I rather dislike Jon Stewart. I find satirists such as him loathsome, but it is not his fault. He plays into and revels in the cynicism that has infected American politics for the last several decades. Instead of trying to create anything or contribute to the debate, he mocks politicians, policy makers, and the media for “failing” or doing ridiculous things. Such comedy itself is not wrong, of course, and does help lighten the mood of the day. But it does reveal something about American culture: Mr. Stewart is seen as a leading “public intellectual” when all he does is satirize.

Satire has become the new medium of trusted news. This is disturbing.

Jon Stewart’s television show is not the only medium to expound this cynicism in American politics. Two other hit shows, Scandal and House of Cards, have politicians behaving in the most onerous ways as if it perfectly normal. Scandal’s protagonist regularly protects politicians that kill people while she has a torrid affair with the President of the United States. House of Cards has a Majority Whip in the House of Representatives lead a Machiavellian coup that gets him both the Vice Presidency and, eventually, the Presidency. Along the way, he kills a dog, a fellow Congressman, and a journalist. His wife threatens to kill a woman’s unborn fetus unless she capitulates to her demands.

These are just a handful of the things that happen on these shows, but it demonstrates how Americans accept that politics is a corrupt arena that does nothing but attract loathsome, evil people obsessed with power. Of course, this idea goes back even to Mr. Smith Goes to Washington and All the King’s Men, two American classic films from the 1930’s and 40’s. Jeff Smith must lead a filibuster against the corrupt deal between Senator Paine and Jim Taylor in Mr. Smith, and Willie Stark starts out an “honest man” in All the King’s Men but becomes the most corrupt man in Louisiana.

The twentieth century saw the rise of antipathy towards hypocrisy. It is better to be an evil man than to be a hypocrite, because then you are “true to yourself.” When you are true to yourself, then good things will flow. You must follow your principles, for then you will not be false to others. But this is not what Polonius means when says, “To thine own self be true” (Hamlet, Act 1, scene 3). What Polonius meant was that you have to take care of yourself first so that you are capable of aiding others; his words were not New Age nonsense about just being whoever you want to be.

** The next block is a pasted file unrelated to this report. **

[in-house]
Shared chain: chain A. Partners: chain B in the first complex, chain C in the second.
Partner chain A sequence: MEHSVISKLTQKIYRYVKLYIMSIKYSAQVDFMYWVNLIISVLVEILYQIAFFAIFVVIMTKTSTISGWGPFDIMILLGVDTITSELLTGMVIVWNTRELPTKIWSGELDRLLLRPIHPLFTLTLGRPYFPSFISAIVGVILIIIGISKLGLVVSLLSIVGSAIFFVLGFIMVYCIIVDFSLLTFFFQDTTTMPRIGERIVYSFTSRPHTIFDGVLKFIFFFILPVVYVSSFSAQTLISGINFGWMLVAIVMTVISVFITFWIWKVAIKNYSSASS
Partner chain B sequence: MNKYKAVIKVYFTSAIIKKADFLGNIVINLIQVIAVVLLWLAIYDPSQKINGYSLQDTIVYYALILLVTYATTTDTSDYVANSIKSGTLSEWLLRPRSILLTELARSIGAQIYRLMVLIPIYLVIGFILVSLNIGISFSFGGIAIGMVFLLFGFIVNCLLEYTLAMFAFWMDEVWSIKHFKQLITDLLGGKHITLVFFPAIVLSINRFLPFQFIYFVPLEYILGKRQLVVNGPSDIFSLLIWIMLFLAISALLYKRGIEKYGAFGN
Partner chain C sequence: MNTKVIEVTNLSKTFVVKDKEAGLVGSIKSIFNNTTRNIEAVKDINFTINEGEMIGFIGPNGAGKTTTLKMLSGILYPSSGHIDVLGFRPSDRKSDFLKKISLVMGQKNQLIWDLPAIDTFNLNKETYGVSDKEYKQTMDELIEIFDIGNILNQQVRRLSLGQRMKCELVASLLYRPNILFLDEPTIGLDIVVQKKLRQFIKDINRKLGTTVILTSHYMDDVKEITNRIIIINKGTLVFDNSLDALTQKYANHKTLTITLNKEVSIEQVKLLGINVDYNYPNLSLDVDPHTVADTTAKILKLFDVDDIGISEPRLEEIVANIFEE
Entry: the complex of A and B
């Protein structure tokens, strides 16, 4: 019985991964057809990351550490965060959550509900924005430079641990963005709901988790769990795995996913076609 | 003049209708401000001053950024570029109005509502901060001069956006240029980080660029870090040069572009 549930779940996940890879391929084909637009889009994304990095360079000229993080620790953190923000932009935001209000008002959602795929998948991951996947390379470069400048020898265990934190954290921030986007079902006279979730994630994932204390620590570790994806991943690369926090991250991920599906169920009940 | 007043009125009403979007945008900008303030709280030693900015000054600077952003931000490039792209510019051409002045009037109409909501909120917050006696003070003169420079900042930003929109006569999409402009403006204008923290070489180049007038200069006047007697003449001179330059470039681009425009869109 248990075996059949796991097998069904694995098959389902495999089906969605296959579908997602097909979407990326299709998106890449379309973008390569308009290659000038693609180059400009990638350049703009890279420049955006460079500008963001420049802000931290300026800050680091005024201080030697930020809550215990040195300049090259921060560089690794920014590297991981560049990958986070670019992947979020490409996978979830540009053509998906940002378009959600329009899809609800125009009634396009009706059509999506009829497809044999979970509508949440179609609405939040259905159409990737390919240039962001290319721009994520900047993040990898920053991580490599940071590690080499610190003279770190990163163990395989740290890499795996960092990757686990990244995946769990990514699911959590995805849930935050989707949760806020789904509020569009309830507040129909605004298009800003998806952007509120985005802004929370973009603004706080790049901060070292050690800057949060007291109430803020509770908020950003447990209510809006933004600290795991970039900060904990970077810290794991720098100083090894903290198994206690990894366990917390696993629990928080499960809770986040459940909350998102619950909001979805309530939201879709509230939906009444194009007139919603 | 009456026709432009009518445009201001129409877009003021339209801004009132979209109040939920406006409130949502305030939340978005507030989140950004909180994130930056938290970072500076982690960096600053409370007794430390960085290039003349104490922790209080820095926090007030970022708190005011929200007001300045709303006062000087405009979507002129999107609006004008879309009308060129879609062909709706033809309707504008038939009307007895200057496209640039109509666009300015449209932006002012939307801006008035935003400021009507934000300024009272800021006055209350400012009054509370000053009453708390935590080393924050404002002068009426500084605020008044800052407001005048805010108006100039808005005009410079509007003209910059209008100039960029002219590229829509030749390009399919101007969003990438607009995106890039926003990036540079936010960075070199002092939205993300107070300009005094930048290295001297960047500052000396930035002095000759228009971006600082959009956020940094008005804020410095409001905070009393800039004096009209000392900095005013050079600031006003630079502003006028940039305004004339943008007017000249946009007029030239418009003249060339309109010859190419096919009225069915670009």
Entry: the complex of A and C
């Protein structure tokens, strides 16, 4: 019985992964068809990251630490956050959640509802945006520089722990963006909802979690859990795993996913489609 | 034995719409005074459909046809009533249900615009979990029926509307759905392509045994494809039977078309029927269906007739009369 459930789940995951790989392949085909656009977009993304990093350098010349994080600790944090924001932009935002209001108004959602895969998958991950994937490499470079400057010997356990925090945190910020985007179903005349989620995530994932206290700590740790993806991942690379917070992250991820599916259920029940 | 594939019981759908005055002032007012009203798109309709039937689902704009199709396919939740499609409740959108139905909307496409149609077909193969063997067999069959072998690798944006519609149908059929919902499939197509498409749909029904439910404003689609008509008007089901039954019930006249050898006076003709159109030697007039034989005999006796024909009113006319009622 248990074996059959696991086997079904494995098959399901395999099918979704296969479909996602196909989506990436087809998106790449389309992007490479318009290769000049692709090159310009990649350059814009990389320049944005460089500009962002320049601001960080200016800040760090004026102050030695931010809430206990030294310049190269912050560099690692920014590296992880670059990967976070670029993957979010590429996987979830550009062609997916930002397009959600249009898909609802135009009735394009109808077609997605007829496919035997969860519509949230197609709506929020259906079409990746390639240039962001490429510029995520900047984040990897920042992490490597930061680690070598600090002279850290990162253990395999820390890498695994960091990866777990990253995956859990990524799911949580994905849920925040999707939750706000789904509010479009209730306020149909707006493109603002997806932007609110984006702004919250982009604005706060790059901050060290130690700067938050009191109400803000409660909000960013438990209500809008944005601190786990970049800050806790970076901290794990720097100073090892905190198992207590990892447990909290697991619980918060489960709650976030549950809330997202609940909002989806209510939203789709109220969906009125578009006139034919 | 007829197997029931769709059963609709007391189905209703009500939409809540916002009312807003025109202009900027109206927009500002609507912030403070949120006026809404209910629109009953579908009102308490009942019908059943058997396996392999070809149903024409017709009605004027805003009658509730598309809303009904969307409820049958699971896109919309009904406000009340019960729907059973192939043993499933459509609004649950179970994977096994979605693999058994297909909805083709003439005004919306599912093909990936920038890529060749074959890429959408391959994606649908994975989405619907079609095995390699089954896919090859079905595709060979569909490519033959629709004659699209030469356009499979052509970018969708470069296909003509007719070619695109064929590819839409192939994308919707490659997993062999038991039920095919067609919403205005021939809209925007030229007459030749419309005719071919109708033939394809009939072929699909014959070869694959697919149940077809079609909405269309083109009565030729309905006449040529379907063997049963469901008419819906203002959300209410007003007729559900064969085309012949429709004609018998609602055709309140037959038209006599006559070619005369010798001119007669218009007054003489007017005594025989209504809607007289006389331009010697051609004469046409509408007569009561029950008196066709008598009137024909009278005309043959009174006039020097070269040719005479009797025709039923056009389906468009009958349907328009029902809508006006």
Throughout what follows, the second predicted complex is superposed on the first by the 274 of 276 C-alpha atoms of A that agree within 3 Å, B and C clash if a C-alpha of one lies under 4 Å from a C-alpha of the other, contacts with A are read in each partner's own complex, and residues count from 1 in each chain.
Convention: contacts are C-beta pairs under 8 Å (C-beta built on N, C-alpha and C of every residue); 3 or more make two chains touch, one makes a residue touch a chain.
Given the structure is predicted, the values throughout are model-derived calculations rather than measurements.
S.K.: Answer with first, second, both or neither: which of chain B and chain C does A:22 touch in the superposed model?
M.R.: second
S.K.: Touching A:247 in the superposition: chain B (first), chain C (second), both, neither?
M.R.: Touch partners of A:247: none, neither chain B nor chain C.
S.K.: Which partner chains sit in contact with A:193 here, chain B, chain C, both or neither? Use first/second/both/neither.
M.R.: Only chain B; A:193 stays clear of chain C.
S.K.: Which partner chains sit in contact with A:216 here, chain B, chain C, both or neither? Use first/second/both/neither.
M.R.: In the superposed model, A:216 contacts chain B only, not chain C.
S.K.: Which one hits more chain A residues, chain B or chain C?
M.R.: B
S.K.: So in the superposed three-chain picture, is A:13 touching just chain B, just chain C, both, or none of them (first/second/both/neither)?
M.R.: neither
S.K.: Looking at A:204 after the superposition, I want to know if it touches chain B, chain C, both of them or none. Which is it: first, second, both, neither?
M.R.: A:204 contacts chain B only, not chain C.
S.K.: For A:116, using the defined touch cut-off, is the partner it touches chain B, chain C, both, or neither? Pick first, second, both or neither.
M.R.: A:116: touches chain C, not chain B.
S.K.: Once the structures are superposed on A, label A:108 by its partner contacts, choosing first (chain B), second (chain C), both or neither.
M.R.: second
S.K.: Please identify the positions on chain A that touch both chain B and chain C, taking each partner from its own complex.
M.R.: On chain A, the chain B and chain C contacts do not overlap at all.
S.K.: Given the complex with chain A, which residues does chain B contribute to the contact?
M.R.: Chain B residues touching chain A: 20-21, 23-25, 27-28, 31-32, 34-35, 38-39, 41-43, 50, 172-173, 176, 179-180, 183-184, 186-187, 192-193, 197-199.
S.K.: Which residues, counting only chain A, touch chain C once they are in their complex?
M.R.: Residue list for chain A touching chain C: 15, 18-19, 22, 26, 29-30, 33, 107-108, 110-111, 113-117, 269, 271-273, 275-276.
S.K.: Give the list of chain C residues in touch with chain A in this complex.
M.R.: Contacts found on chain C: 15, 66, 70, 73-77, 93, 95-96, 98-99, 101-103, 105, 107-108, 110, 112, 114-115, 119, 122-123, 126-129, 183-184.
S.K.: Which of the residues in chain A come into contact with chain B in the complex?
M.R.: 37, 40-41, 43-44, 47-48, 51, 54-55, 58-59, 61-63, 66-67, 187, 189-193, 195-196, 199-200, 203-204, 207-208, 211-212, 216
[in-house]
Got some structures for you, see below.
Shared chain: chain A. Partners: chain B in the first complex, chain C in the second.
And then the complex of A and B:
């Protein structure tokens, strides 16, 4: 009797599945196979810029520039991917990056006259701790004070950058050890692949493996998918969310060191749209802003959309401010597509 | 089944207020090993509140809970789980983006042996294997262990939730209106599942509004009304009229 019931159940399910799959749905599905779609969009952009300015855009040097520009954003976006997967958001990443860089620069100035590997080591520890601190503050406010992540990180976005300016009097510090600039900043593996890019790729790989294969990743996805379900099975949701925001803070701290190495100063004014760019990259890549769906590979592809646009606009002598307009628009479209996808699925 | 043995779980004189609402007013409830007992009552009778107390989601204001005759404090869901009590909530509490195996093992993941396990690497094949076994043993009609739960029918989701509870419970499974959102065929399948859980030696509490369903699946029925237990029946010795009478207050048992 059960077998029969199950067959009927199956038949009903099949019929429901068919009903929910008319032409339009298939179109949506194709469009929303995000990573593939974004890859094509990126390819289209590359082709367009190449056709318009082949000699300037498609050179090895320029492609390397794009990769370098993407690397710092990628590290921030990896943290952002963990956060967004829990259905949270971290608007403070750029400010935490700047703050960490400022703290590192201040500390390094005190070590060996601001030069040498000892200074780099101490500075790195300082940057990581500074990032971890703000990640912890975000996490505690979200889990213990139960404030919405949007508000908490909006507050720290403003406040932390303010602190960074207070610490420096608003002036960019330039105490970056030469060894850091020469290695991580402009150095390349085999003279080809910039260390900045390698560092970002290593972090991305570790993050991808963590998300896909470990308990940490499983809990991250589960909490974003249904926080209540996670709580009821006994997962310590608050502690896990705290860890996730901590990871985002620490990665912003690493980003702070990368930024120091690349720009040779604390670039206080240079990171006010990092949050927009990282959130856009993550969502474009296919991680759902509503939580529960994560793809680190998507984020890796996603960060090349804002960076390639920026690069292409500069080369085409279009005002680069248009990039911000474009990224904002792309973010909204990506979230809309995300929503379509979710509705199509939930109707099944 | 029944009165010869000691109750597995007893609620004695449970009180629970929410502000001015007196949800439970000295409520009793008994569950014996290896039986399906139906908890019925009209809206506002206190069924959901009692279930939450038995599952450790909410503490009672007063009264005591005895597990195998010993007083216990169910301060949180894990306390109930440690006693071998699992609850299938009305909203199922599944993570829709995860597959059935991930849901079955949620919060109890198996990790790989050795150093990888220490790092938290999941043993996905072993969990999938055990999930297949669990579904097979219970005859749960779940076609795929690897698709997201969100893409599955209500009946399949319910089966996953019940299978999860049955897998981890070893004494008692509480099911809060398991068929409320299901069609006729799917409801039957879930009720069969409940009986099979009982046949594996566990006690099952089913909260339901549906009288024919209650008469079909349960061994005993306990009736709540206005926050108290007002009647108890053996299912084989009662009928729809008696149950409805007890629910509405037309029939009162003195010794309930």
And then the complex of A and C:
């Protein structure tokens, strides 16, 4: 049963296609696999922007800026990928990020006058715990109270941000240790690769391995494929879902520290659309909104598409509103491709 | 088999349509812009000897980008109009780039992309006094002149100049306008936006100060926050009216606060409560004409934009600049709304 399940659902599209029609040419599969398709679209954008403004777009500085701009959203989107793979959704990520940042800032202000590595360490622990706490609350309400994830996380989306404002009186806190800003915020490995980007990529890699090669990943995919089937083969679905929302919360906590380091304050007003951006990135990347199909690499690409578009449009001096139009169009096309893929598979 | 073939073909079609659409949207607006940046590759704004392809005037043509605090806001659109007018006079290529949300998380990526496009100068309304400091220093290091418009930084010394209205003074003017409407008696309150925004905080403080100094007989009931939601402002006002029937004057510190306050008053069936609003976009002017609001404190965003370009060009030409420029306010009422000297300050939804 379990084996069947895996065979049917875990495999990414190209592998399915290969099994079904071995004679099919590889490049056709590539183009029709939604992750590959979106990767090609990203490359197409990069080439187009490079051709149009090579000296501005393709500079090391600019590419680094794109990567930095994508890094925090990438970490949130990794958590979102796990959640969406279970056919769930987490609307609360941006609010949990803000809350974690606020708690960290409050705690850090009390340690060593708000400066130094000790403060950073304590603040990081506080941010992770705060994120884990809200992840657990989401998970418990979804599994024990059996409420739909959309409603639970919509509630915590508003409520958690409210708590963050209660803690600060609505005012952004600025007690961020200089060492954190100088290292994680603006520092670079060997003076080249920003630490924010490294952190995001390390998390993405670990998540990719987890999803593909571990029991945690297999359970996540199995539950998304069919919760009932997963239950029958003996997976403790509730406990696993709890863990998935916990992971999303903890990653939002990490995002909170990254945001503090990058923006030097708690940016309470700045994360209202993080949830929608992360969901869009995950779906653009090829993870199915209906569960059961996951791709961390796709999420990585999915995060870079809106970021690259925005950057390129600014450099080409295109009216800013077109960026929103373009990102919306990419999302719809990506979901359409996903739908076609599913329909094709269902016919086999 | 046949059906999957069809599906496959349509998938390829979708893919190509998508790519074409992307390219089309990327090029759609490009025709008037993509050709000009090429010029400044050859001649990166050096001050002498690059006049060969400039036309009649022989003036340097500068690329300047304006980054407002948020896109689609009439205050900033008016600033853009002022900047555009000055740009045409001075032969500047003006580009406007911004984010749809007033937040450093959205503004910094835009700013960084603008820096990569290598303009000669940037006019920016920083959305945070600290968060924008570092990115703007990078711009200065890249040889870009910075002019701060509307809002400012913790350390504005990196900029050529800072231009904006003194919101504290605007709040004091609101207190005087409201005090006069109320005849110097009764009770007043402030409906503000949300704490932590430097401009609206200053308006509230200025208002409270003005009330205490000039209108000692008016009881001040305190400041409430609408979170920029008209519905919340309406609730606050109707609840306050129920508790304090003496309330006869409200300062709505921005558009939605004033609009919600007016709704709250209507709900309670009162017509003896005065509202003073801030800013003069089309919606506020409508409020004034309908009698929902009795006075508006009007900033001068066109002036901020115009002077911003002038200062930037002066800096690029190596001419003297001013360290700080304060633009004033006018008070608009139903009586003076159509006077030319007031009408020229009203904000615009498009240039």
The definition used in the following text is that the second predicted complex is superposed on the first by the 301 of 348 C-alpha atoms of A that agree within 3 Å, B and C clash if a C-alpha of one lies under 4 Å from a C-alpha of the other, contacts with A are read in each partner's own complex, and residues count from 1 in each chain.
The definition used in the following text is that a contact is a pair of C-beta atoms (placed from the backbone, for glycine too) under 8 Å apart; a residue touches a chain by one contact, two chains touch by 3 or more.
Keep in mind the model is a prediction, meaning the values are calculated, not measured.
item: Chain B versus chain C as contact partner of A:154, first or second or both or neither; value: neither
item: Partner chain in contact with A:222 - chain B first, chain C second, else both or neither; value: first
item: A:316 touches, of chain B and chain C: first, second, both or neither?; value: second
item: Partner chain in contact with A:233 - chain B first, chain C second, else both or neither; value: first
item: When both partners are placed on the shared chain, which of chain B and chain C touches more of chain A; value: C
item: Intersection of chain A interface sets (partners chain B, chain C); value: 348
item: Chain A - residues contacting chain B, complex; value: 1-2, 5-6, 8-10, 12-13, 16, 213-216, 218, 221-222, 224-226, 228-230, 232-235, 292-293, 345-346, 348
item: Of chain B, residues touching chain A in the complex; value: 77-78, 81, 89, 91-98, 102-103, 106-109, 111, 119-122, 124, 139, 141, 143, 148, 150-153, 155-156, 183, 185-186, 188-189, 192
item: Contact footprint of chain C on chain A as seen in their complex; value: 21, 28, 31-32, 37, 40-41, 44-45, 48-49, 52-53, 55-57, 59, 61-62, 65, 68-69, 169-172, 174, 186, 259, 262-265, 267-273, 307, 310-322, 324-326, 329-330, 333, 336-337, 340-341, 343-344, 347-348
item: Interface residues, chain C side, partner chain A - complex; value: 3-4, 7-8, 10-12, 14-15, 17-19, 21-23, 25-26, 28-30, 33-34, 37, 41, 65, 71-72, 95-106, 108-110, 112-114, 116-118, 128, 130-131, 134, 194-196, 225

All of this cynicism about American politics has had deleterious effects upon the republic and republican virtues. Voters do not turn out to participate because they believe corruption has taken hold in politics. In the 2008 presidential election, only 57% of the voting age population participated. The results are even more abysmal in local elections. Los Angeles only had 21% of the voting age population vote in the 2013 mayoral race, the lowest in 100 years, and from 1996-2011 turnout was only 25.8% in 340 cities across the country for their mayoral races.

How do we, as informed citizens, attempt to thwart this cynicism that debases our republic? It’s simple. Say to those who accept this cynicism, “Buck up, sissypants.” Politicians neither have to be perfect human beings nor openly wicked for the republic to work. It takes great men and women of intelligence, valor, and honor to be extraordinary statesmen and lead the country appropriately. Sadly, these are rare in history, but we can at least hold politicians to higher standards knowing that not all of them are good because our expectations will make them behave better.

This concept of public accountability is what our Founders truly understood. They didn’t go out like the demagogues that promised them bread and circuses. No demagogues need apply in a true republic. Washington was well aware of the myth of Cincinnatus, a Roman dictator that gave up his power after only a few weeks when he defeated the Aequians: Washington gave his sword to the Congress at the end of the Revolutionary War. In the ceremony, he takes the sword that symbolizes his power as the victorious general and surrenders it to the people and the people’s representatives. Even Jefferson retired to Monticello and private life after his presidency. He did not go around making public speeches because it was very important symbolically.

There is no doubt that these men wanted to be president, wanted power. They were not pure and innocent, but they understood that they had to behave better in public for the good of the country. America’s ideals and expectations at the time required them to do so.

How could we possibly put power into the hands of politicians that are even the smallest bit corrupt? Because in a republic, such men will lead. You do not go out and seek public office, flattering the public to get power. You actively work for the betterment of the republic, even if you do not always behave this way privately. Some might call this hypocrisy because the politician may not be virtuous, but if the politician is compelled to act virtuously then their inner musings do not matter. Enough with the cynicism. Take politics seriously and engage the public sphere because the republic demands an attuned citizenry.

Buck up, sissypants.